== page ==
How Many To Change A Light Bulb?

We all know the answer to the spurious question: how many psychologists does it take to change a light bulb? We all know the answer is none: they have to want to change!

Psychologists are not the only ones for whom this is true – it is so for all of us.

As a manger or leader, friend or whatever can you cannot change anyone. You can influence them to change but they must do the changing.

For most of us the process is difficult, even something said in innocence can be taken as a devastating insult with the person exploding in a paroxysm of anger and resentment. Fat chance now for anything to change!


One of the reasons for this is an individual sense of self, their self concept and it plays a key part in the acceptance of information.

In the processes of maturing and trying out different experiences, an individual develops a set of ideas about him/herself. S/he will have an idea about the sort of person they are in each of their social roles; as a parent; as a husband; as a manager; as a sportsman; etc. They will also have an ideal view of themselves, of the sort of person they feel they ought or should be, containing their conscience and values, their dreams and fantasies about themselves and their place and value.

This set of ideas is known as the self concept, and it acts to integrate an individual and hold them together so that actions are broadly consistent, one with another, and their values.

One definition of maturity is the development of a realistic self concept, one in which the individual’s view of themselves is largely in agreement with other’s view. By contrast, many emotional/psychological problems have their root in an unrealistic or inappropriate self concept.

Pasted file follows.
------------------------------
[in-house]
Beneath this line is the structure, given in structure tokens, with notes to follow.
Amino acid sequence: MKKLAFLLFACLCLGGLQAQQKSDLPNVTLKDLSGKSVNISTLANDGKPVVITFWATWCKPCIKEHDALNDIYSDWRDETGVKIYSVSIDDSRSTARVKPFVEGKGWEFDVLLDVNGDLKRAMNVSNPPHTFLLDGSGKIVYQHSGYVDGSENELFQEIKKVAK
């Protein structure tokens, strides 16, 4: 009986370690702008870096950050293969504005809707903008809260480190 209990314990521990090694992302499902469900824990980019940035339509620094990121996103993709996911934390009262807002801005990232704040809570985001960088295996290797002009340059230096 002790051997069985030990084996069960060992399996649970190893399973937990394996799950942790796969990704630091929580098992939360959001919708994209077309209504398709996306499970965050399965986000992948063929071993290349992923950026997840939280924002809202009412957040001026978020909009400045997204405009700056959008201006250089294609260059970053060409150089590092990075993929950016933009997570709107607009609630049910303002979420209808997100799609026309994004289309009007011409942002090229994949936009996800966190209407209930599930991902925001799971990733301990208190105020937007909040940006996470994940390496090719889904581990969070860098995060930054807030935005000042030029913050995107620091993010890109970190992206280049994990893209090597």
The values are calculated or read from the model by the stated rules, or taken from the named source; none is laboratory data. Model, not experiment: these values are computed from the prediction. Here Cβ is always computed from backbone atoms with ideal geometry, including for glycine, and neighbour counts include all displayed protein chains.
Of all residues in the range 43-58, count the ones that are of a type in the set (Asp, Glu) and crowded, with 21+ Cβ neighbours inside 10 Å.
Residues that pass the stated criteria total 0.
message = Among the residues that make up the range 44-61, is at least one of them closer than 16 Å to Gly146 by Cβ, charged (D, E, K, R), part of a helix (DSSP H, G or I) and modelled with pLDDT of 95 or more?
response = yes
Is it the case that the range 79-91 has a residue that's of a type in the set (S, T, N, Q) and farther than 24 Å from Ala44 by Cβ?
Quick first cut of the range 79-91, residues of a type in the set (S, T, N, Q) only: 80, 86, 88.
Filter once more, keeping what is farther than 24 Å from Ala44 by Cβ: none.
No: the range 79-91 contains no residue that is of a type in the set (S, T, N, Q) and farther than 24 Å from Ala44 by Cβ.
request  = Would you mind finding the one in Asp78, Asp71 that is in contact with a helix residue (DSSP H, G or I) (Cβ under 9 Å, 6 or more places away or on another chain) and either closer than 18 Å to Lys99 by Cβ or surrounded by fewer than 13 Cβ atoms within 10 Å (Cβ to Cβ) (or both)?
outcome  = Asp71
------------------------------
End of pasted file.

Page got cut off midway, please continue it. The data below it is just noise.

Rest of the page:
As individuals we are likely to be quite open in discussing some aspects of our self concept ( for example, when someone says, ‘I’ve thought of myself as a sporty /approachable/private person”).

Other aspects, however will be completely private; indeed the most private of all their possessions. These aspects, which are likely to be of central importance, are never discussed, even with those they love the most, in case, others ridicule or judge harshly their most private of thoughts. They guard their concept of themselves, because the self concept is, in effect, them.



The individual develops a range of devices which serves to protect their self image. These are known as defence mechanisms. Typical defences include denial and rejection of the information, blaming of others or “circumstances beyond their control”, lying, and especially in Britain, agreeing quickly and changing the subject. There is no clear pattern as to why one person uses particular defence mechanisms. It seems that each of us discovers and then develops those defences which work for us personally in different situations.


In some cultures, feedback is relatively easily accepted. In Australia, it is not unusual for strangers or slight acquaintances to make personal comments; In America, positive feedback (praise) is both given and received relatively easily. In a culture of privacy such as Britain, feedback is given rarely and even praise is received defensively.

(“Oh it was nothing, really; anyone could have done it”).